Twice-Told Tales, the Bradley Martin copy
Hawthorne, Nathaniel. Twice-Told Tales
Boston: American Stationers Co., 1837
Original green cloth. Minor fading and rubbing. An excellent tight copy. Cloth case.
First edition of Hawthorne’s first collection of short stories. This important collection includes eighteen tales published in magazines and annuals and a newspaper—hence “Twice-Told.” Many have become key works in the American literary canon, but in 1837, Hawthorne was perhaps still “the obscurest man of letters in America” (Hawthorne Centenary Edition).
Hawthorne’s title, Twice-Told Tales, was based on a line from Shakespeare’s Life and Death of King John: “Life is as tedious as a twice-told tale, / Vexing the dull ear of a drowsy man.” The tales are “twice-told” because Hawthorne had published them individually in magazines and annuals before collecting them in this, his first published book. “To this little work we would say, ‘Live ever, sweet, sweet book.’ It comes from the hand of a man of genius. Everything about it has the freshness of morning and of May … these tales are national in their character … exciting beauty of his style, as clear as running waters are” (H. W. Longfellow).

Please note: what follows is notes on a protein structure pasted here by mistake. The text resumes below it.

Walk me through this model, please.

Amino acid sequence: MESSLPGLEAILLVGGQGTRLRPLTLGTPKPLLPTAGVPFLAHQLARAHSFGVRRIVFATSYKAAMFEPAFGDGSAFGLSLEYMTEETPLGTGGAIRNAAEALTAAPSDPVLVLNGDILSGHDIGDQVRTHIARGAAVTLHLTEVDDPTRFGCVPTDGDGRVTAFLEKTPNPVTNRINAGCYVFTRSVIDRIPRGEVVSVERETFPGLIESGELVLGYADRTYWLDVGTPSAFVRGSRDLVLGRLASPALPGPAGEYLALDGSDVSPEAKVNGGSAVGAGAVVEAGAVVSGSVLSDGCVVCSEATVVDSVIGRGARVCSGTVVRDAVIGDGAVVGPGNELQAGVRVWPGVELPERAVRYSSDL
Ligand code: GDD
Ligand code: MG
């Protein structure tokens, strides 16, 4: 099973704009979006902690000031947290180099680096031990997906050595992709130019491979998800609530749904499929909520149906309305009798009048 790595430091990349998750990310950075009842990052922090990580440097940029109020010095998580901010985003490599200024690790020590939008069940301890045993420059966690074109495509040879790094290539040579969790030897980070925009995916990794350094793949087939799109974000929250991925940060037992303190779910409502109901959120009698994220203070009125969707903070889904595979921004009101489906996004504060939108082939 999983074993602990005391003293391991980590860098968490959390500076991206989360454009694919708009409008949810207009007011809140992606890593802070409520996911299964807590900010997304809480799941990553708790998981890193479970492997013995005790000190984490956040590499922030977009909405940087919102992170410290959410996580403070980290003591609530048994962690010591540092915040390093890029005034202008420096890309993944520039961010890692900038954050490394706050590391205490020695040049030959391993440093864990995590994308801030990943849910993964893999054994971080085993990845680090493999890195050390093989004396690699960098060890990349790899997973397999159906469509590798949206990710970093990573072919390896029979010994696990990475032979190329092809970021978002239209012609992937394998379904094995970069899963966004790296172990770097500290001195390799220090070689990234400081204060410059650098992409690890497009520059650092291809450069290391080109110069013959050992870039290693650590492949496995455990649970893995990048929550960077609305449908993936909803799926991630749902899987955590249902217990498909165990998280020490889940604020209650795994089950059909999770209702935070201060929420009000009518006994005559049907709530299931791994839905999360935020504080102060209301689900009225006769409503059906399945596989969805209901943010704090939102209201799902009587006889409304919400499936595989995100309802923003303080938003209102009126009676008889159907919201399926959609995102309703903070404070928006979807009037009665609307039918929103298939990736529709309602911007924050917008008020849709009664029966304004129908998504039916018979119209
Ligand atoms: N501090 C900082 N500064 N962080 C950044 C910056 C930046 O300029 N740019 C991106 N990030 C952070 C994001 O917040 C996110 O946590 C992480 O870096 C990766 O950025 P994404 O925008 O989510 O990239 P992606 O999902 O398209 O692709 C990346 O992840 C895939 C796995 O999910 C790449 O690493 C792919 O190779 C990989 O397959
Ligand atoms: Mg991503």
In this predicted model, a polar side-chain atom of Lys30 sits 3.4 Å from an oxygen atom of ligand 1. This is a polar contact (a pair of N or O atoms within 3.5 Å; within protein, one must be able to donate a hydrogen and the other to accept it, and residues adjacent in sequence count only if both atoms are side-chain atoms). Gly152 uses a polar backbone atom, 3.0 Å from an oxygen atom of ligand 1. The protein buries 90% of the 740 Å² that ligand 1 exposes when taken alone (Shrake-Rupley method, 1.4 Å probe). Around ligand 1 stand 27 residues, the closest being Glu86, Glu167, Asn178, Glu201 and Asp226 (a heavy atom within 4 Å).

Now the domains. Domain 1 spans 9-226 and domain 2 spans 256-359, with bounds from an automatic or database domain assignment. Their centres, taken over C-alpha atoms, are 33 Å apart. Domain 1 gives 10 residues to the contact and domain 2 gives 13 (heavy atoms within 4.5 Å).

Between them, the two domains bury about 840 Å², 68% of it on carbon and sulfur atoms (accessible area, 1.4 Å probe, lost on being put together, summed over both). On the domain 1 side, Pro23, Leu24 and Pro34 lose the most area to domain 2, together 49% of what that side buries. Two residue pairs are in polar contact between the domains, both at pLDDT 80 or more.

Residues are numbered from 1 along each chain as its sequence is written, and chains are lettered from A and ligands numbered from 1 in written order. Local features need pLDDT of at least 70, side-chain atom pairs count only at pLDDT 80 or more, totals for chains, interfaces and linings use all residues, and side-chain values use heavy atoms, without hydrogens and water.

“Of Mr. Hawthorne’s Tales we would say emphatically, that they belong to the highest region of Art – an Art subservient to genius of a very lofty order … the style is purity itself. Force abounds. High imagination gleams from every page … We know of few compositions which the critic can more honestly commend than these ‘ Twice-Told Tales.’ As Americans, we feel proud of the book” (Edgar Allan Poe)